This section looks at the ‘vital’ elements of HMS Colossus – the items that must be protected from enemy gunfire if the ship is to remain an effective fighting unit.
The ship is designed with a double bottom, for strength, rigidity and to minimise the risk of flowing. Bulkheads divide the ship into watertight compartments, although there are many watertight doors between compartments, and these are not always effective or quick to close (as was the problem when the Victoria was rammed and sunk by HMS Camperdown in 1893).
Colossus is fitted with two Maudsley compound engines developing 7,488 Indicated Horse Power (IHP) driving two 4 bladed propellers of 17’8” diameter and giving a maximum speed of 16.5 knots per hour (as speed was frequently expressed in the 1880s).
The high pressure (HP) cylinder has a diameter of 58”, and the two low pressure (LP) cylinders have 74” diameters. The stroke is stroke 39”. Steam is exhausted to surface condensers. Thrust blocks are situated just aft of the engine couplings.
“Float” – Colossus is designed as a central armoured citadel box with a watertight raft extending forward and aft protected by a 3 inch armoured deck lying a few feet below the waterline. At the ranges these ships are expecting to fight (about 1,000 yards), gunfire trajectories will be almost horizontal, so shells hitting the water would be exploded or retarded before doing much damage below the waterline.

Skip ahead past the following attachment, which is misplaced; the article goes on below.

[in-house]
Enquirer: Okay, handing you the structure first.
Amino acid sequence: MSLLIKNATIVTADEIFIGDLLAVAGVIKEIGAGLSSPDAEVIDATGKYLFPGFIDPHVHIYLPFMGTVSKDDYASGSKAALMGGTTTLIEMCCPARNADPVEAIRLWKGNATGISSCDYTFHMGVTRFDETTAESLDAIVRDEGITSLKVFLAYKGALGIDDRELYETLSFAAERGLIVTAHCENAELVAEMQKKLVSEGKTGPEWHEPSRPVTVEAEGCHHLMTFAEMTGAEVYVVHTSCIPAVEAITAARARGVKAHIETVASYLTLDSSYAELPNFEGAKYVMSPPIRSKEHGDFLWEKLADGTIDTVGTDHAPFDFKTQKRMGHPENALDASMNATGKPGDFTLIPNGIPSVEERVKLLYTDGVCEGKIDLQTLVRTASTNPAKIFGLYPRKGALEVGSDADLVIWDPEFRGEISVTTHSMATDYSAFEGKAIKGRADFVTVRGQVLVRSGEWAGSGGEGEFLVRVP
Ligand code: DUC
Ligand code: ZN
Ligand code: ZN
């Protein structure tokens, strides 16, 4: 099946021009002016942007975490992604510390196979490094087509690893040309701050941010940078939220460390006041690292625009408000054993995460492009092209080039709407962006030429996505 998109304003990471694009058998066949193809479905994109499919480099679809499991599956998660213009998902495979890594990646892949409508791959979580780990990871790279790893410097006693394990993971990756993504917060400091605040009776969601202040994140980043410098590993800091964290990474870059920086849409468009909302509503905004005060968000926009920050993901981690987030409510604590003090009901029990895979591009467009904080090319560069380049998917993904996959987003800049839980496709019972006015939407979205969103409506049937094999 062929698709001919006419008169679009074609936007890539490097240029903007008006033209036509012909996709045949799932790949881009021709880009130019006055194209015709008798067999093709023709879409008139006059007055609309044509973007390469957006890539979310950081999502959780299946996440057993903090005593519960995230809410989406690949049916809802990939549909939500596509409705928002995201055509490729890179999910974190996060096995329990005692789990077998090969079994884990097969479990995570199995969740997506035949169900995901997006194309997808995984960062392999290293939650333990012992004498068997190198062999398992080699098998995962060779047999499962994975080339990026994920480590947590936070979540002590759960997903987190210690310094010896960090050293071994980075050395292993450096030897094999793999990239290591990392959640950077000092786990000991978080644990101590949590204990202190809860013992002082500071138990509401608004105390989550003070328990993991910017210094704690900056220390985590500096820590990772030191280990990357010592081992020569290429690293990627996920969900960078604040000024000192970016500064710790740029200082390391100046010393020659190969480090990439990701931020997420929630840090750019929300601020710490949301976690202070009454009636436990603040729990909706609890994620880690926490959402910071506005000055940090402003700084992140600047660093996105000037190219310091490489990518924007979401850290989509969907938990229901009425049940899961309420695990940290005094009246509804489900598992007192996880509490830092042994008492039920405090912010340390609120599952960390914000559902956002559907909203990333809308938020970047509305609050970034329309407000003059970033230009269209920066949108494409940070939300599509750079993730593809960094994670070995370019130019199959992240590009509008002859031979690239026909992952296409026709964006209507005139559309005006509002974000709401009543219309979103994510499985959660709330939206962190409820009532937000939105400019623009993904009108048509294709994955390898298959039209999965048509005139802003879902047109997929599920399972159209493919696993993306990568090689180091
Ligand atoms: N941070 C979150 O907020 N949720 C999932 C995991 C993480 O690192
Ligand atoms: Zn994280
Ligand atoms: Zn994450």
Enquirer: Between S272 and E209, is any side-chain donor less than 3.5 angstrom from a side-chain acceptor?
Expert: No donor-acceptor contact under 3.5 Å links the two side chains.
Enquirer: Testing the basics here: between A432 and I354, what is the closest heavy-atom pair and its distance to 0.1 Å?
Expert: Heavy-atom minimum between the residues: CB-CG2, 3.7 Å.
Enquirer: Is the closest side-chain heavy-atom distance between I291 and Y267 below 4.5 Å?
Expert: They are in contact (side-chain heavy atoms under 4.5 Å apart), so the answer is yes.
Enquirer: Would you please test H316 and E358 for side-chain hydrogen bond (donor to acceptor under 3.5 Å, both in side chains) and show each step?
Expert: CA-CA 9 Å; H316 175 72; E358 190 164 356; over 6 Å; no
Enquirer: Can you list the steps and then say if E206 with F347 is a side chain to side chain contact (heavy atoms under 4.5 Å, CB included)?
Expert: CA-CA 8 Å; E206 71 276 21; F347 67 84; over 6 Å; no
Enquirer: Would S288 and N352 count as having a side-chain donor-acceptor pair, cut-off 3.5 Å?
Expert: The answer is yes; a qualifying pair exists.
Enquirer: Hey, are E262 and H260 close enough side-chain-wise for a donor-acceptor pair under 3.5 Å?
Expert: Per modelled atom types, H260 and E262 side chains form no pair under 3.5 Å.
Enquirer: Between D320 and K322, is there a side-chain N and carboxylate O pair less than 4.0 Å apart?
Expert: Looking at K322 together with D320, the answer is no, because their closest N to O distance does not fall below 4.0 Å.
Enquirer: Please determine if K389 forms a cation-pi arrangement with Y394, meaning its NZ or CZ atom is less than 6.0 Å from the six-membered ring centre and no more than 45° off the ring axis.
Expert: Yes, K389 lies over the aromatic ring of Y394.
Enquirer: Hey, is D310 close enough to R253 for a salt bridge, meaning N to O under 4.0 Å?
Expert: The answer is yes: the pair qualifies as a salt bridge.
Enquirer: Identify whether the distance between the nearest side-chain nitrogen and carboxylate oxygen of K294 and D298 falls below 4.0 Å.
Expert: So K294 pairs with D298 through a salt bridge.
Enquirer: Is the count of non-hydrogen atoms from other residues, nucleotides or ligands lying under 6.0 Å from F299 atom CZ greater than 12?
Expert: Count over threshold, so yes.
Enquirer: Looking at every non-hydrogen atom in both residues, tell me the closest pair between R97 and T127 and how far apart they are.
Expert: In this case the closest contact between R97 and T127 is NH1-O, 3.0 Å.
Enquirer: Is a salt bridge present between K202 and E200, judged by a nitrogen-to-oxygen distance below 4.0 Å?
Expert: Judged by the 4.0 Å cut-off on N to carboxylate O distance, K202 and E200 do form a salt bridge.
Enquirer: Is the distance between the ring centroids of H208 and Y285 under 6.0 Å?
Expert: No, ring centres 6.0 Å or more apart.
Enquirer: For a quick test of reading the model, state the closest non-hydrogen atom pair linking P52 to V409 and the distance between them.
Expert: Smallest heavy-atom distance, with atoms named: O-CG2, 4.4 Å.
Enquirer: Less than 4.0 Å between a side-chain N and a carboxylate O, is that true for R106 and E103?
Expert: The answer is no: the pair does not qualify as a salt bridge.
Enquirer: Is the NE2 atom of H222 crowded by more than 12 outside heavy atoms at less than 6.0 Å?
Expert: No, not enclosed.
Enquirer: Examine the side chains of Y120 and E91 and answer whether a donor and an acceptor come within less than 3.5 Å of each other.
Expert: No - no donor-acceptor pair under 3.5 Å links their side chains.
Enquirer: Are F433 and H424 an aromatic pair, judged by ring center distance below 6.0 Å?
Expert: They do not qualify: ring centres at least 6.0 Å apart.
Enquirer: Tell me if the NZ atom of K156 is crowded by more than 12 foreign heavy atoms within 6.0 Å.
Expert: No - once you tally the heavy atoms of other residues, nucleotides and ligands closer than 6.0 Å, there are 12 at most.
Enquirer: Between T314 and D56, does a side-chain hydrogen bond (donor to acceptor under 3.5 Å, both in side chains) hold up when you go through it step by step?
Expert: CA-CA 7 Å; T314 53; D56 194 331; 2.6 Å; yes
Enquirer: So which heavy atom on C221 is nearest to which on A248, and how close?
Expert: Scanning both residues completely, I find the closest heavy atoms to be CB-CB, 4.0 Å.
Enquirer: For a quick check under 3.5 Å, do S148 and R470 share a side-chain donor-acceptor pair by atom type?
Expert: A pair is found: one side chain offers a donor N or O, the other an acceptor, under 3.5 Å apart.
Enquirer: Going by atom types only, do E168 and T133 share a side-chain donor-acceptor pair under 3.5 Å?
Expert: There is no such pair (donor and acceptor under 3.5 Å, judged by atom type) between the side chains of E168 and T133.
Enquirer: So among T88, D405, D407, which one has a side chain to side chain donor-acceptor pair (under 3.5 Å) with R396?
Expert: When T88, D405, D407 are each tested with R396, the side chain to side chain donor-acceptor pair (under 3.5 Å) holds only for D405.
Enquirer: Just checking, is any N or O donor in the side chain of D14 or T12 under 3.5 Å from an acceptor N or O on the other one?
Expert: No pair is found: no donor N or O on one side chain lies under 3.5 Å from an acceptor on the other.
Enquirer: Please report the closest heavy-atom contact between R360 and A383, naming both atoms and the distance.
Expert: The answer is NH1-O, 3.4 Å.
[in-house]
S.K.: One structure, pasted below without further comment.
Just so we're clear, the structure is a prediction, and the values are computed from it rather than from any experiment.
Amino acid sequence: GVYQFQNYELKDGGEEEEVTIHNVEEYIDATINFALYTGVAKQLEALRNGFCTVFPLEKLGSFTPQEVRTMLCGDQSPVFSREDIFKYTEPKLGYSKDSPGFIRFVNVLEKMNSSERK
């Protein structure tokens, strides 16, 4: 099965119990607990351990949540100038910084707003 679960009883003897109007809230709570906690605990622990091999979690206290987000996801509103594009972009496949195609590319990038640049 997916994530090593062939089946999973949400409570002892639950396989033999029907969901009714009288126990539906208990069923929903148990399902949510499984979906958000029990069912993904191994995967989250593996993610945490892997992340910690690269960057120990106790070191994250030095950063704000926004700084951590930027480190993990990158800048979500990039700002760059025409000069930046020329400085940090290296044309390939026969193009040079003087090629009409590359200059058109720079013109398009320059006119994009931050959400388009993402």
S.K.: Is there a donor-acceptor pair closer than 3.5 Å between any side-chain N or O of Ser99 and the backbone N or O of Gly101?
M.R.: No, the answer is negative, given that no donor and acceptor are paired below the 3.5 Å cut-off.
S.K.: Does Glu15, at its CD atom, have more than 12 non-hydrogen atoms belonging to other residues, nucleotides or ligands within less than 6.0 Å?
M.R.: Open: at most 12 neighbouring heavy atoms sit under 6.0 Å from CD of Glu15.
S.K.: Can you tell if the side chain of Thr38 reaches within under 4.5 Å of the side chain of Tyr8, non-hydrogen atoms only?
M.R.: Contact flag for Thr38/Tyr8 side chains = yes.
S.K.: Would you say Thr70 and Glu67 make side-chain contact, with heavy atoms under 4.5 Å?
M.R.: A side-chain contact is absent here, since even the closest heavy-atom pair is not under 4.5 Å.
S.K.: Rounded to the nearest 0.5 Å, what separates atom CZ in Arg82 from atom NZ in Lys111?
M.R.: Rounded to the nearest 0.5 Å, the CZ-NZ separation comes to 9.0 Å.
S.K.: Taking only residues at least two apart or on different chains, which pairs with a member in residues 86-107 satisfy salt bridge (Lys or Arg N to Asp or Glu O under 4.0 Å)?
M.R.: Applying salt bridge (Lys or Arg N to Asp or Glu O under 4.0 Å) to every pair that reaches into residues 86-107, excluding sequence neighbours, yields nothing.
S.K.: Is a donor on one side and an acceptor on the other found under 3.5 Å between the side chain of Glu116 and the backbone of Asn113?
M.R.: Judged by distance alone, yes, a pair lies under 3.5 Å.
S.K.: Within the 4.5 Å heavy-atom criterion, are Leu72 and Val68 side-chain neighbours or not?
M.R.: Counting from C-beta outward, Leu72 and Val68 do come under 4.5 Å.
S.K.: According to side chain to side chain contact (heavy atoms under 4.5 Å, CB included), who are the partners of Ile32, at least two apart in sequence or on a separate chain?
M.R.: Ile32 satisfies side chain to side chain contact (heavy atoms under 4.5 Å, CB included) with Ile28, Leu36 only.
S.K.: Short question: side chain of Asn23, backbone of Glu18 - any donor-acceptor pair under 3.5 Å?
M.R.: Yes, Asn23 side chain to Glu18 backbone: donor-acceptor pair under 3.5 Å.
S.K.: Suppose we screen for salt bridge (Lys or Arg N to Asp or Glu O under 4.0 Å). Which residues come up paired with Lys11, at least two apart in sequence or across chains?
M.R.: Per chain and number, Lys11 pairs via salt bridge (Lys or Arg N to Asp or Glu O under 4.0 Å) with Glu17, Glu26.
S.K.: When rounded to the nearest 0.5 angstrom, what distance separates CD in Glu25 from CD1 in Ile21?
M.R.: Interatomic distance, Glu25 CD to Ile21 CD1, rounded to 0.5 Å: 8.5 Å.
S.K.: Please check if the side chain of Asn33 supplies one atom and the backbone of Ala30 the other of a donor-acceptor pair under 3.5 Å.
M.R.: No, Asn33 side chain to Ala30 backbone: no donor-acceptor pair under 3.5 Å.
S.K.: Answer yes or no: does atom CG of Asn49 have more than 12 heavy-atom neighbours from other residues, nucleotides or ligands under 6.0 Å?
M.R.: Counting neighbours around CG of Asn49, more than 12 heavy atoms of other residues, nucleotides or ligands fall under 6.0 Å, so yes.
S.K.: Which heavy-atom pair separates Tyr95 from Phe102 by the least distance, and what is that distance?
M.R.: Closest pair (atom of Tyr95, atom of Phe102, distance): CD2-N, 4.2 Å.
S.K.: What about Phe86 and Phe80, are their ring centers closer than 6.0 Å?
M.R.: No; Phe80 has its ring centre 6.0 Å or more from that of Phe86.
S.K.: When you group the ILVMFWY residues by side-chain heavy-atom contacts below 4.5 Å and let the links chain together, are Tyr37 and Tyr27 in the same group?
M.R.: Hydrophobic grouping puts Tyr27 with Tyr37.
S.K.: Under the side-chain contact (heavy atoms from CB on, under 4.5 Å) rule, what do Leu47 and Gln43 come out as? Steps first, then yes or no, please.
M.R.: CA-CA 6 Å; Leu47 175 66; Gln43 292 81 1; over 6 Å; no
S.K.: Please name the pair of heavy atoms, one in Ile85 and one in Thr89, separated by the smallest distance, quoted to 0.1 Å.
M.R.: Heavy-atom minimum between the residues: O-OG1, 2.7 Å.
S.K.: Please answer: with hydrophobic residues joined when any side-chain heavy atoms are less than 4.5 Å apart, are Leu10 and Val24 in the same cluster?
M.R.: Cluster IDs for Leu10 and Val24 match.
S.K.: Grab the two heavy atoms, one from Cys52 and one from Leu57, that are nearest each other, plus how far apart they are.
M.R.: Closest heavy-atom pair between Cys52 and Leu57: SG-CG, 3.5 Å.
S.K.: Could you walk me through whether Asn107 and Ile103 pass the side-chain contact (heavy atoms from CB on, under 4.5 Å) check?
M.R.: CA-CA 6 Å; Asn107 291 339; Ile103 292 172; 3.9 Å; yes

The spaces above the armoured deck are filled with stores, coal etc., and wing compartments are filled with cork. The intention being that if these unarmoured ends are penetrated not much water would be able to flow in (since the spaces will already be full), and the ship will remain buoyant and stable.
“Move”: the boilers, and engines are placed within the armoured citadel. Additionally, coal bunkers are placed outboard of the machinery spaces. Tests show that 2 foot of coal is equivalent to an inch of armour.
“Fight”. This means that the ship can continue to supply, aim and fire her guns. The loading mechanism and turret bases are protected inside the central citadel. The magazines and shell rooms as I shall show now, are located deep below the water line, with the lifts to the guns within the armoured citadel.
(place the mouse over the boilers to see the turret positions)
There are 8 main and 2 auxiliary elliptical boilers in four boiler rooms. Working pressure is 64 pounds on the square inch.
The main boilers each have three grates, the auxiliary boilers only two. Coal bunkers are situated outboard of the boilers and engines giving added protection.
(c) Rob.b1904 2008